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Landscape Planning and Heritage

About the Hampshire Heathland Project

The Hampshire Heathland Project is a partnership initiative led by the County Council that has been running since the late 1980's.

The County Council employs a Project Officer based within the Ecology Group's Land Management Team.

Achievements of the Project

Between 2001-2006, the Hampshire Heathland Project, funded by the Heritage Lottery Fund, worked to restore 75% of the degenerate heathland in Hampshire outside the New Forest.  The Project also recreated over 300 hectares of heathland and increased the area of heathland managed by grazing animals by 370 hectares. In 2009 the project was awarded a grant from the SITA Trust 'Enriching Nature Fund' to continue this work.

What Does the Project Do?

The Project Officer gives advice to owners and managers to secure suitable and sustainable management of Heathland in Hampshire.  Particular emphasis will be given to Sites of Importance for Nature Conservation which have been designated for their heathland interest.  The Project also works closely with Natural England to ensure effective delivery of Environmental Stewardship Schemes on certain key heathlands in Hampshire.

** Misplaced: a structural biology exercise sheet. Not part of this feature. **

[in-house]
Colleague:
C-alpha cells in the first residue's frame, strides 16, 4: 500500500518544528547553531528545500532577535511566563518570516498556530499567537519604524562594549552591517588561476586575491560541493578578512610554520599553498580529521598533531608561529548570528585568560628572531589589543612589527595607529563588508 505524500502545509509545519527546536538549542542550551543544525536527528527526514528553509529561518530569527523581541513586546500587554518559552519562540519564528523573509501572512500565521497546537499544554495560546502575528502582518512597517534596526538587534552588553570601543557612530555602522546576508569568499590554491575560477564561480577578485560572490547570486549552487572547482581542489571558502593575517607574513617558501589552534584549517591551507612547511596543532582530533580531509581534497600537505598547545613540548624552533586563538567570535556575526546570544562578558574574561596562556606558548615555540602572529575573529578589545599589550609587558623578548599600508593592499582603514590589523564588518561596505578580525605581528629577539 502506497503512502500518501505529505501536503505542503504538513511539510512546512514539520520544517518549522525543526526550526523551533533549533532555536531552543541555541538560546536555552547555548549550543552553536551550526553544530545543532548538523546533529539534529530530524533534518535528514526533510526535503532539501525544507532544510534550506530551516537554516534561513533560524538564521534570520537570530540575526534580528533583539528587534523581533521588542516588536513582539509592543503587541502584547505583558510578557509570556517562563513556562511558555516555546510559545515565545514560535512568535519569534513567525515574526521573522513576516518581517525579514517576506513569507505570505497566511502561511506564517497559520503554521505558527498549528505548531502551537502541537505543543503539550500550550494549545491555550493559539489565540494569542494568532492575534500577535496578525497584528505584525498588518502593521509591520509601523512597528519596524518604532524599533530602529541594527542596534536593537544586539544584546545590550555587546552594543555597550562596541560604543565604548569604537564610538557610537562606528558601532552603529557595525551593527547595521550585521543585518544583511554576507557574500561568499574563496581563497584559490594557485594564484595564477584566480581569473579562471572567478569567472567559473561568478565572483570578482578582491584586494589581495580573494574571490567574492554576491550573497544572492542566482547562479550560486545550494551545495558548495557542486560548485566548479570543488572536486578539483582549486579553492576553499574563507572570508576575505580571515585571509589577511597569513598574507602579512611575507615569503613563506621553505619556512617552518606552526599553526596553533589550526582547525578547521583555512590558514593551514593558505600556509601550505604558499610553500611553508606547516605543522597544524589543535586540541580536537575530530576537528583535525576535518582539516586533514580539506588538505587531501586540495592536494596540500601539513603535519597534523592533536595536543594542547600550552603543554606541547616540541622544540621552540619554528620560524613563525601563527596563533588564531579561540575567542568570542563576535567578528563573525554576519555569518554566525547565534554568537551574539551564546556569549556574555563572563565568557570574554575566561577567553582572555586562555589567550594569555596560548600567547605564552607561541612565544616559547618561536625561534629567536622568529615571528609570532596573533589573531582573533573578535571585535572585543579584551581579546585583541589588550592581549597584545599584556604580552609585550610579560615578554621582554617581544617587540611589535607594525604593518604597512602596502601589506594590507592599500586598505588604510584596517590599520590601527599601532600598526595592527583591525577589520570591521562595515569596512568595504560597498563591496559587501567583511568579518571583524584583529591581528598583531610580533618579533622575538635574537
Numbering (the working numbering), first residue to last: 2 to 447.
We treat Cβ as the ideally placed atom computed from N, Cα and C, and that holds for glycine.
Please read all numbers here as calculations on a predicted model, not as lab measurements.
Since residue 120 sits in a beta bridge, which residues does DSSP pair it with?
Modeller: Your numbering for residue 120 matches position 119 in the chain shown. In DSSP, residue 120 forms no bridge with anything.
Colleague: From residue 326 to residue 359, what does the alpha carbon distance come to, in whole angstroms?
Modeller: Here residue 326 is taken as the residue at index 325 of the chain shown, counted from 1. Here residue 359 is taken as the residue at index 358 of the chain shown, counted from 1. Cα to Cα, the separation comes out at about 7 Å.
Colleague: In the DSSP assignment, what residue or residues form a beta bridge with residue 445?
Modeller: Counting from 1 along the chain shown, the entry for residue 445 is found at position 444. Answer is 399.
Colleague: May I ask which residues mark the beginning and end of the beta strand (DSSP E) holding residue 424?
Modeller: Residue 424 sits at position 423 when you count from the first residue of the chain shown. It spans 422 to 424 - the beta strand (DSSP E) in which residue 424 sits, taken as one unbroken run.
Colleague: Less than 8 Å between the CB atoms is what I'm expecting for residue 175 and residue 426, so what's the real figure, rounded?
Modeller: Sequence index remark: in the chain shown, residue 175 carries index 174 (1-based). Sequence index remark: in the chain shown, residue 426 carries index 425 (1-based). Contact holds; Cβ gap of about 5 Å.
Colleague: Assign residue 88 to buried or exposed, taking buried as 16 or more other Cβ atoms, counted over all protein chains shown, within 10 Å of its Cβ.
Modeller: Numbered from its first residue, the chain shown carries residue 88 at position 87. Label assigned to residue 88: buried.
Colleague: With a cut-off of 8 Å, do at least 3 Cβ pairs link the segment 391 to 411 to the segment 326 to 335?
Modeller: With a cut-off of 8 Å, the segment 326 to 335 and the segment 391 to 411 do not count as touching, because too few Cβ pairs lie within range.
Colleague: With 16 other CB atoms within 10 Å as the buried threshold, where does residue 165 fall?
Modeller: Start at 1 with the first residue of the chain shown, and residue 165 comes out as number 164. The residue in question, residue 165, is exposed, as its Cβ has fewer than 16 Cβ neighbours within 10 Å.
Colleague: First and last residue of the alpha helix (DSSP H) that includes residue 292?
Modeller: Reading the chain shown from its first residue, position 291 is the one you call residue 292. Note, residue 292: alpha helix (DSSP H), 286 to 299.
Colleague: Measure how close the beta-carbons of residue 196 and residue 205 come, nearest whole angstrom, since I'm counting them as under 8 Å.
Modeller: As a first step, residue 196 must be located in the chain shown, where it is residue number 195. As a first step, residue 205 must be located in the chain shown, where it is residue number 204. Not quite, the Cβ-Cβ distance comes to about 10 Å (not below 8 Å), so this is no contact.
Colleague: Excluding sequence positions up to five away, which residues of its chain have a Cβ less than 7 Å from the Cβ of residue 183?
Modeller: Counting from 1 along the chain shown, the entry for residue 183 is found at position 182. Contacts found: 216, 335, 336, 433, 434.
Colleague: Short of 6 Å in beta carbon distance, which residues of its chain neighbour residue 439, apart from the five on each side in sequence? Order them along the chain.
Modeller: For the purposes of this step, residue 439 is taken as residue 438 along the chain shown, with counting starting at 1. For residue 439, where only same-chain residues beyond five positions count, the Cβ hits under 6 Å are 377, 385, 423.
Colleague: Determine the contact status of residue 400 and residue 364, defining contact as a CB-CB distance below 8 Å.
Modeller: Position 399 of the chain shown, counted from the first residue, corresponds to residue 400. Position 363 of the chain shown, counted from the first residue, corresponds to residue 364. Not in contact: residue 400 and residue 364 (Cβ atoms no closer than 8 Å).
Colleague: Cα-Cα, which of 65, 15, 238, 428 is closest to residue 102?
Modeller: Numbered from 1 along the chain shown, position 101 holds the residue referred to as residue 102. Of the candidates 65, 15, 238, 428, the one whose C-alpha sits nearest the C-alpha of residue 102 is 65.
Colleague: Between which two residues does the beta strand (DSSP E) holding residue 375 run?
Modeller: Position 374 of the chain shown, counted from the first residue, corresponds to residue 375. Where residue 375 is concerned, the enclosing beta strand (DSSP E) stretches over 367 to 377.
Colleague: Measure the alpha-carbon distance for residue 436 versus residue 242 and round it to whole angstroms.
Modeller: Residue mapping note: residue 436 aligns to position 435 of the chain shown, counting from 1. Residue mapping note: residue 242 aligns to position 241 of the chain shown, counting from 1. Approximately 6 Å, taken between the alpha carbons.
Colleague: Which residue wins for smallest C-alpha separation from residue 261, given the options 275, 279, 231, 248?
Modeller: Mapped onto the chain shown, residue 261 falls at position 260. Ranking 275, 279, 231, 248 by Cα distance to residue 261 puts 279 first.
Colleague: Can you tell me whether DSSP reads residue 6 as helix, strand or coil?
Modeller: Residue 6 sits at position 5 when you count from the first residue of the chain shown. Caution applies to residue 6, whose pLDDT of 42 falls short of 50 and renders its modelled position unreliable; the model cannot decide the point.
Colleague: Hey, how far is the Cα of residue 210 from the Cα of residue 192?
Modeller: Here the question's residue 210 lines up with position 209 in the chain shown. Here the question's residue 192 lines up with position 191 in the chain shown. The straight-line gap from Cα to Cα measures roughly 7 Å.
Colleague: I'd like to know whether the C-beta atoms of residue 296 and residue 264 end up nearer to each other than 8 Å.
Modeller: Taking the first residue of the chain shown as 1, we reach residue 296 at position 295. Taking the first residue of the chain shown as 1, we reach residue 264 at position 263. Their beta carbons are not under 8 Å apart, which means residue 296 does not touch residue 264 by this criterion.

The Project employs local contractors to undertake restoration works on heathland sites.  These works involve many aspects of heathland management and cover areas from one to sixty hectares.   

Education and Promotion

An important factor in the long term sustainable management of heathlands is the attitude and involvement of local people.  Unfortunately, heathland management can often be controversial since restoration can involve large-scale tree felling and removal of popular plants like rhododendron that damage heathland.

The Heathland Project aims to promote greater awareness of both the ecological and historical importance of heathlands in Hampshire and the need to actively manage them in order to maintain this interest.  

Many project partners actively encourage the involvement of volunteers on their sites, which is beneficial both for the participants and for the wildlife!

Because heathlands have been relatively undisturbed, they often have a rich archaeological record.  When undertaking restoration works the Project liaises with the County Council’s own archaeologists and English Heritage.

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